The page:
2020 in Review
2020 in Review
National Indigenous Australians Agency
As 2020 draws to a close, the National Indigenous Australians Agency is able to look back at the year with pride, having met the challenges while making substantive progress on a number of policy fronts.
The impacts of unprecedented bushfires followed quickly by the COVID-19 pandemic have changed every government agency’s focus. For NIAA, a concerted effort by all staff has contributed to a broader team effort that has limited the health and non-health impacts on Aboriginal and Torres Strait Islander people and communities.
COVID-19 has, of course, dominated the agenda and more than 600 NIAA staff pivoted to manage the consequences of the pandemic. This included seconding 82 staff to other Departments to support the broader APS surge effort and address the immediate calls for assistance.
We undertook a coordination role in facilitating the introduction and subsequent removal of remote travel restrictions, which included working with states and territories, and across Commonwealth agencies, to support the safe return of boarding students to remote communities at the height of the COVID-19 pandemic.
We established a remote food security working group, bringing together key parties in the remote retail and supply chain sectors to rapidly address issues impacting food security in remote communities.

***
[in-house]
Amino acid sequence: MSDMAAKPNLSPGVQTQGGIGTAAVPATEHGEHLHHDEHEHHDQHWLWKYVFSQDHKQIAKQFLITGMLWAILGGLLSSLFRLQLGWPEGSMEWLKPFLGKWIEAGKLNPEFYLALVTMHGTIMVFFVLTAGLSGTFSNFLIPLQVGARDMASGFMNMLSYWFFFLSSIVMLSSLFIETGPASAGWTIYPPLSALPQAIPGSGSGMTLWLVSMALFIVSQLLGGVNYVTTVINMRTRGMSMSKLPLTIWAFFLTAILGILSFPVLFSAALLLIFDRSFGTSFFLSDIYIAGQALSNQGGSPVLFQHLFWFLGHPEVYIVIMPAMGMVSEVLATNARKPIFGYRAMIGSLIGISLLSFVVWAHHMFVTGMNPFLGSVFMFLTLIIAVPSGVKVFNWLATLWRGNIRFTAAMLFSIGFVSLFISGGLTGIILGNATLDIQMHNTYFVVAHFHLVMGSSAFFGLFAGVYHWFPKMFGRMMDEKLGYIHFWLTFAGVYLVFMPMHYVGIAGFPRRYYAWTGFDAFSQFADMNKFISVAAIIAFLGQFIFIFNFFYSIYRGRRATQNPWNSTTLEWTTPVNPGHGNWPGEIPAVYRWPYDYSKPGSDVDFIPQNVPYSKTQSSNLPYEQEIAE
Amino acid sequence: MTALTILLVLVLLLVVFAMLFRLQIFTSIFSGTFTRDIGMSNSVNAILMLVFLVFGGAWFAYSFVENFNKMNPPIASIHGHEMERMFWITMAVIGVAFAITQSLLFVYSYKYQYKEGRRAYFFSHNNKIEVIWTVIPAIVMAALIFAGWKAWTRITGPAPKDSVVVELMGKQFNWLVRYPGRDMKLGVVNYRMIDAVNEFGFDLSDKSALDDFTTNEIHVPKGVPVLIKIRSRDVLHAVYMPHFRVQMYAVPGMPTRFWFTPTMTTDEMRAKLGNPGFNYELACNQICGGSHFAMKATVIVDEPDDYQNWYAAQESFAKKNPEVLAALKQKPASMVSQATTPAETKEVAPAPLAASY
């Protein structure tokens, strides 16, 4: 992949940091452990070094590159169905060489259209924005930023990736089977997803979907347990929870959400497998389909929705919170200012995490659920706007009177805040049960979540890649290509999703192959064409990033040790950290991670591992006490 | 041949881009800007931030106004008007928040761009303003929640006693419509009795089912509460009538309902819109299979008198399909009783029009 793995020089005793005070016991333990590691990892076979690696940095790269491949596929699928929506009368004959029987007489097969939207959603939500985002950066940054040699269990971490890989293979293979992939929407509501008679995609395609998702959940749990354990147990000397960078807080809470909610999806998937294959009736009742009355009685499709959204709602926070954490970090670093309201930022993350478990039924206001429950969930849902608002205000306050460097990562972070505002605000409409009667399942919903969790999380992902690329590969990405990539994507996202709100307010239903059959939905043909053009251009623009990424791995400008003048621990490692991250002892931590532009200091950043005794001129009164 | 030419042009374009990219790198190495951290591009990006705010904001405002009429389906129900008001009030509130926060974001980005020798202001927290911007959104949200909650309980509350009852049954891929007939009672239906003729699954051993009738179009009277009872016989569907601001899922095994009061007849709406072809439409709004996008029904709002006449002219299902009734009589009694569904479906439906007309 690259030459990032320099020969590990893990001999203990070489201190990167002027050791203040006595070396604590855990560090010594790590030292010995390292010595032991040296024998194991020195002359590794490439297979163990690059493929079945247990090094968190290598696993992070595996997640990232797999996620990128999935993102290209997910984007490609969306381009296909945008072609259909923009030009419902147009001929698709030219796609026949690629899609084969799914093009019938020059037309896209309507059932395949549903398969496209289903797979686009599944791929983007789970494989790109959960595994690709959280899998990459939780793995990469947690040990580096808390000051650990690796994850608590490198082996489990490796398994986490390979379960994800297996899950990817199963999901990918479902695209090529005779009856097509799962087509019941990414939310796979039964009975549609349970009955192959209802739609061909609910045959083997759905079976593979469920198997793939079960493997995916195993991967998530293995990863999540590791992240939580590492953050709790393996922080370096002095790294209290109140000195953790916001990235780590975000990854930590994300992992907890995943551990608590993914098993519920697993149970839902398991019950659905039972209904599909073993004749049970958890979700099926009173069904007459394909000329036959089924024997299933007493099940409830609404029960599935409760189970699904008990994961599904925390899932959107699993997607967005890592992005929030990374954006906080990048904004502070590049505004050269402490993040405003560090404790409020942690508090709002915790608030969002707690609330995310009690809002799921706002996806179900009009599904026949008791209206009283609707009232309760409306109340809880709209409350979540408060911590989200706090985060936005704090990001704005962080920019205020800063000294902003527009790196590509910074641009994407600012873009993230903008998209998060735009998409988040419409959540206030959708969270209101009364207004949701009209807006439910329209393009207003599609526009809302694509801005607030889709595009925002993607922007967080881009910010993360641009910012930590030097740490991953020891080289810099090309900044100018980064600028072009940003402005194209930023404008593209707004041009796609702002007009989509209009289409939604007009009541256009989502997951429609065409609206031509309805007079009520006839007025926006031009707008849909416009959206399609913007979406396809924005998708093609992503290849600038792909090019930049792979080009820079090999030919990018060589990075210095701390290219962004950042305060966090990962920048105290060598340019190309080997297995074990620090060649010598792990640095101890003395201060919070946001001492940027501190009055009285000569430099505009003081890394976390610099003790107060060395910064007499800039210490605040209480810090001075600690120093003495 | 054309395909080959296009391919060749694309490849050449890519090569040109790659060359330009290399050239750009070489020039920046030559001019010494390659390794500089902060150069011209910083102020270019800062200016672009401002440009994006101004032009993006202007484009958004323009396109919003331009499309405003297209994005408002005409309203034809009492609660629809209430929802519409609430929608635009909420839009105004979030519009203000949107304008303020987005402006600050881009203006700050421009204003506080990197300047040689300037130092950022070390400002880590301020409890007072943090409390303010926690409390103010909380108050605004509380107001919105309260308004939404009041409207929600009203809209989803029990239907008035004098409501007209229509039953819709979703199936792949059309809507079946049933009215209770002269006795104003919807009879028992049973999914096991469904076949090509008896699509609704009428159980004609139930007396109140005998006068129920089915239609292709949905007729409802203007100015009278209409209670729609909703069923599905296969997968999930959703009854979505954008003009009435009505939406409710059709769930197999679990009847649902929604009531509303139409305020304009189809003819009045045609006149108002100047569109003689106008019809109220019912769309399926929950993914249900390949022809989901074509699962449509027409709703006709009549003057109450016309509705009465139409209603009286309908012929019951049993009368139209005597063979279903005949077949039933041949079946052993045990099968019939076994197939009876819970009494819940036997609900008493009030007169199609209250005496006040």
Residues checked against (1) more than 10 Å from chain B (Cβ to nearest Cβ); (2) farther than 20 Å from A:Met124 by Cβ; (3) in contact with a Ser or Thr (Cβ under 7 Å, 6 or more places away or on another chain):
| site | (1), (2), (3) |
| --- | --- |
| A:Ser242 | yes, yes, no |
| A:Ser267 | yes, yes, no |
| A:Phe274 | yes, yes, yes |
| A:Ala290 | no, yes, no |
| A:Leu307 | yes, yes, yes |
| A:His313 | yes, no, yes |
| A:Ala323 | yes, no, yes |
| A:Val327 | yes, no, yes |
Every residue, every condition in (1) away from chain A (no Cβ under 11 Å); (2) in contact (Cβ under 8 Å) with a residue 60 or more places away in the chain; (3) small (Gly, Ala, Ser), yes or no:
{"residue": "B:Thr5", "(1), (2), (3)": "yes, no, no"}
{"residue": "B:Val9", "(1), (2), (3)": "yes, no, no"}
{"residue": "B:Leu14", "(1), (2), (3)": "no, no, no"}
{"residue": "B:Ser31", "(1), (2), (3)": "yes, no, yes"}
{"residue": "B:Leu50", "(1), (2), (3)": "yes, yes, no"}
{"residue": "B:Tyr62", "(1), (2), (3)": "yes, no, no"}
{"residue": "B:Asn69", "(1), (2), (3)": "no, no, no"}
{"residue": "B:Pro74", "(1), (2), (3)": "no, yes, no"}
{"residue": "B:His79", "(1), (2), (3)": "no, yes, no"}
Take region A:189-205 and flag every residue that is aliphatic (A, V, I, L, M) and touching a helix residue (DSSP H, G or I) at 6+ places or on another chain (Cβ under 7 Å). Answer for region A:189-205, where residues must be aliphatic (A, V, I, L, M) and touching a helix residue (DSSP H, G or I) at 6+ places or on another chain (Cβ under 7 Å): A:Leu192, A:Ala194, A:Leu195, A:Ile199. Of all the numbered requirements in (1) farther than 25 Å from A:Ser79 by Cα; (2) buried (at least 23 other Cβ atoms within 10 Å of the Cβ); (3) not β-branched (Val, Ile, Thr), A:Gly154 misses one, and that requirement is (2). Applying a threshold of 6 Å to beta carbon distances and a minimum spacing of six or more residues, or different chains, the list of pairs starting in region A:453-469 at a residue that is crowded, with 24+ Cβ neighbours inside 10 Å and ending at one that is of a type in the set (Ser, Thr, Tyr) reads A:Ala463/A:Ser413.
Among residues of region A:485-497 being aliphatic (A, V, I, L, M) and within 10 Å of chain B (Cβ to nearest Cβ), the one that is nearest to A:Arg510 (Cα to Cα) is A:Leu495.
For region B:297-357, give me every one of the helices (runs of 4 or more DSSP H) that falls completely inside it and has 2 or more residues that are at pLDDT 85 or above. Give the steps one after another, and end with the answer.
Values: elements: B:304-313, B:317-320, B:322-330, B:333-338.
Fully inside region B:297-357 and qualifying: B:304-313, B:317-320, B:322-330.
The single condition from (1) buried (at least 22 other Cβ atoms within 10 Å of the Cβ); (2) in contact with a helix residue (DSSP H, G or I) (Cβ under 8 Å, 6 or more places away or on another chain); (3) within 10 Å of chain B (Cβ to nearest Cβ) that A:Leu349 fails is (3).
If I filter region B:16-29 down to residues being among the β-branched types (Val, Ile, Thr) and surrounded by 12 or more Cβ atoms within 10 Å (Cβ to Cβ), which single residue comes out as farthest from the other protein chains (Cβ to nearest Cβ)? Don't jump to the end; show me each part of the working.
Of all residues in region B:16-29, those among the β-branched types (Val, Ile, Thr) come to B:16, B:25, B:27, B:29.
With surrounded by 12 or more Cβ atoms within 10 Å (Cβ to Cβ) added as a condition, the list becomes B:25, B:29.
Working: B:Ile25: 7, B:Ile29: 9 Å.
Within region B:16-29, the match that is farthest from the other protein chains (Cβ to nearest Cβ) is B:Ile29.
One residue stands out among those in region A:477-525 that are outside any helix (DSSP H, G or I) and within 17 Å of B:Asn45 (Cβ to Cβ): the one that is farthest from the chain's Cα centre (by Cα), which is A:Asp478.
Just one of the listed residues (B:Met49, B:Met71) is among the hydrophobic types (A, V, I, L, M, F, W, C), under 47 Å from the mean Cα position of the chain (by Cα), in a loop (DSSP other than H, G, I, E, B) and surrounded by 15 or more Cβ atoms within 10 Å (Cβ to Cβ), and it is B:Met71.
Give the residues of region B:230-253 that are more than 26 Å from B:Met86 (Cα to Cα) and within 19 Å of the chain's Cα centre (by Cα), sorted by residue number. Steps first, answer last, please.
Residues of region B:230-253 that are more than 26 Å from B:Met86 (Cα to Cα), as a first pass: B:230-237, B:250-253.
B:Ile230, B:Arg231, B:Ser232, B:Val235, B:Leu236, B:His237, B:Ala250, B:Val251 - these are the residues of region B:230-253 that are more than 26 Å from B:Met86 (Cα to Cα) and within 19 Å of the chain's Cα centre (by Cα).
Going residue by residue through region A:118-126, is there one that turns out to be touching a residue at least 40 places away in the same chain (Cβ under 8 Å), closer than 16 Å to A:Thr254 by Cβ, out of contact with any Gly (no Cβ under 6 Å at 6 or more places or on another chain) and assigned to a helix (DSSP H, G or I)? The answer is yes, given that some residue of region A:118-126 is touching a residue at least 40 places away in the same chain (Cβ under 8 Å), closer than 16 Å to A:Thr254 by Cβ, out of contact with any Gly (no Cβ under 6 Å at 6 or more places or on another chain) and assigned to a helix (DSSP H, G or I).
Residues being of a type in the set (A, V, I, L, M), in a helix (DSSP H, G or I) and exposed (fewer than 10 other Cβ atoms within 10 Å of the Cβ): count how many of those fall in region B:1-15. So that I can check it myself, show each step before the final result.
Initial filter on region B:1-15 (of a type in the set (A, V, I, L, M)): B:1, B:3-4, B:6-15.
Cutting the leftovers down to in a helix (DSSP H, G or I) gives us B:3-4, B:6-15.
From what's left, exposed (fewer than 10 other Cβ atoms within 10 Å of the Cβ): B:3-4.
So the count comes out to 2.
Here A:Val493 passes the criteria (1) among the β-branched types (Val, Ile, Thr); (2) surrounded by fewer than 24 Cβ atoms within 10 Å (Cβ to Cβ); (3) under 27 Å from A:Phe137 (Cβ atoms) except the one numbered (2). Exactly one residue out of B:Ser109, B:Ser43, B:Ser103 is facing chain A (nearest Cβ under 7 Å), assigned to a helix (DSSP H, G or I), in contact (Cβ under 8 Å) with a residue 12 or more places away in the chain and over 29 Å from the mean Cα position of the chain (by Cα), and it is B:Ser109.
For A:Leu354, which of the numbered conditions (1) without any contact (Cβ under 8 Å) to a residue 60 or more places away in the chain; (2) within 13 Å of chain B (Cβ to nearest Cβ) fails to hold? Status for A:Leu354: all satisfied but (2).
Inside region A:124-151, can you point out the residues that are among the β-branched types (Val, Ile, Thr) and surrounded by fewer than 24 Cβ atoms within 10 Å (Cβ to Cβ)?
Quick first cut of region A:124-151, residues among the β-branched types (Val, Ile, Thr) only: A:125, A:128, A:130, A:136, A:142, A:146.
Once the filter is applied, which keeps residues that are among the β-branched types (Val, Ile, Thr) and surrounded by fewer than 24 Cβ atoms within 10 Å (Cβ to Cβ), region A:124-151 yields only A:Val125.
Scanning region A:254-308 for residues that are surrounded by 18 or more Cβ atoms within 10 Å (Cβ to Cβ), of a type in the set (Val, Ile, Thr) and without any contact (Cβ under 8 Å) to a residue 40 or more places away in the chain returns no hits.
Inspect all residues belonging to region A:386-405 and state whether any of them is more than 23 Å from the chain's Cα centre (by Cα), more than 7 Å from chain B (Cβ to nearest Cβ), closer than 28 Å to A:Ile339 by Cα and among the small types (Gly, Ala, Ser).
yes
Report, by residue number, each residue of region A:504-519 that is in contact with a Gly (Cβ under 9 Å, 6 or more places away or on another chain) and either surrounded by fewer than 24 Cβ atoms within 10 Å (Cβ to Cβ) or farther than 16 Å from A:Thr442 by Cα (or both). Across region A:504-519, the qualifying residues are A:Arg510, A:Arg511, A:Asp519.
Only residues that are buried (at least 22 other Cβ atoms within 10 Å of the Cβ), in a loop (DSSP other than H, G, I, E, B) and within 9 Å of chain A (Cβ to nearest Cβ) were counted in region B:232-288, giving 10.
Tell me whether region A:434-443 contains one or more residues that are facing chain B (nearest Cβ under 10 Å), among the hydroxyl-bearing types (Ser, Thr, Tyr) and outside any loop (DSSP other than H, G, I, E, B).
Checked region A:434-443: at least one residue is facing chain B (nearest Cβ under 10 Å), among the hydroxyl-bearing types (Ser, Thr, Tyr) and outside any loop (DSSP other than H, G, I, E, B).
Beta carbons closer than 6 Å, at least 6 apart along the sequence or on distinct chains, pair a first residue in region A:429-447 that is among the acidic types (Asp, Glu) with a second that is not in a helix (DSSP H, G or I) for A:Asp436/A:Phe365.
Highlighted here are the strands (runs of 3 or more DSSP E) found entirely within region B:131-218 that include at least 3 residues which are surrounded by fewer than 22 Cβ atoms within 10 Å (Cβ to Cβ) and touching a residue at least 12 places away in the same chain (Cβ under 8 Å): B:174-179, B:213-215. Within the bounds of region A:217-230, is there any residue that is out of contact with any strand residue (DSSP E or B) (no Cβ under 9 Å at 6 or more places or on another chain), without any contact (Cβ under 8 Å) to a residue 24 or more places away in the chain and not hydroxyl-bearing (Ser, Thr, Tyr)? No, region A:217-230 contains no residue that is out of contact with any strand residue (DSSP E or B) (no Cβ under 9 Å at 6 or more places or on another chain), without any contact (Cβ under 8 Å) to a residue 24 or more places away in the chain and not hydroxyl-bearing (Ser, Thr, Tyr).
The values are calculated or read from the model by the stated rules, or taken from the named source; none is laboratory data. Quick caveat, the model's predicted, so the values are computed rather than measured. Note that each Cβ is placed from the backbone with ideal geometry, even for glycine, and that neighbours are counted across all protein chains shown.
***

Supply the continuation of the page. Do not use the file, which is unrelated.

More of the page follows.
And we worked closely with all of our more than 1150 funded organisations delivering just over 2,000 activities to adjust payment schedules and apply flexible arrangements. This ensured they remained viable, were supported to continue their service delivery where it was safe to do so, and were prepared to resume services when local restrictions allowed.
NIAA also made progress on a number of nationally significant government initiatives.
Working with State and Territory Governments, the Australian Local Government Association, and the more than 50 members of the Coalition of Indigenous Peak Organisations, we delivered the historic National Agreement on Closing the Gap. It is the first national agreement negotiated in partnership with Aboriginal and Torres Strait Islander People.
We’ve also supported the groups co-designing options for an Indigenous Voice with Stage 1 of the design process completing in late October.
We supported Minister Wyatt’s statement to the 45th Session of the Human Rights Council and held the first round of Indigenous policy information sharing sessions with our New Zealand counterparts as part of the Australia and Aotearoa-New Zealand Indigenous Collaboration Arrangement.
We assisted the National NAIDOC Committee in managing the National NAIDOC week celebrations in a period of COVID-19 uncertainty and the management of approximately 600 NAIDOC grants to support local communities celebrate NAIDOC Week.
These are just some of the ways NIAA supported Indigenous Australians over the course of this year.
NIAA is grateful to its staff and stakeholders who worked tirelessly through a time of uncertainty to help improve the lives of Aboriginal and Torres Strait Islander people.
We wish all Australians happy holidays and a peaceful and prosperous new year.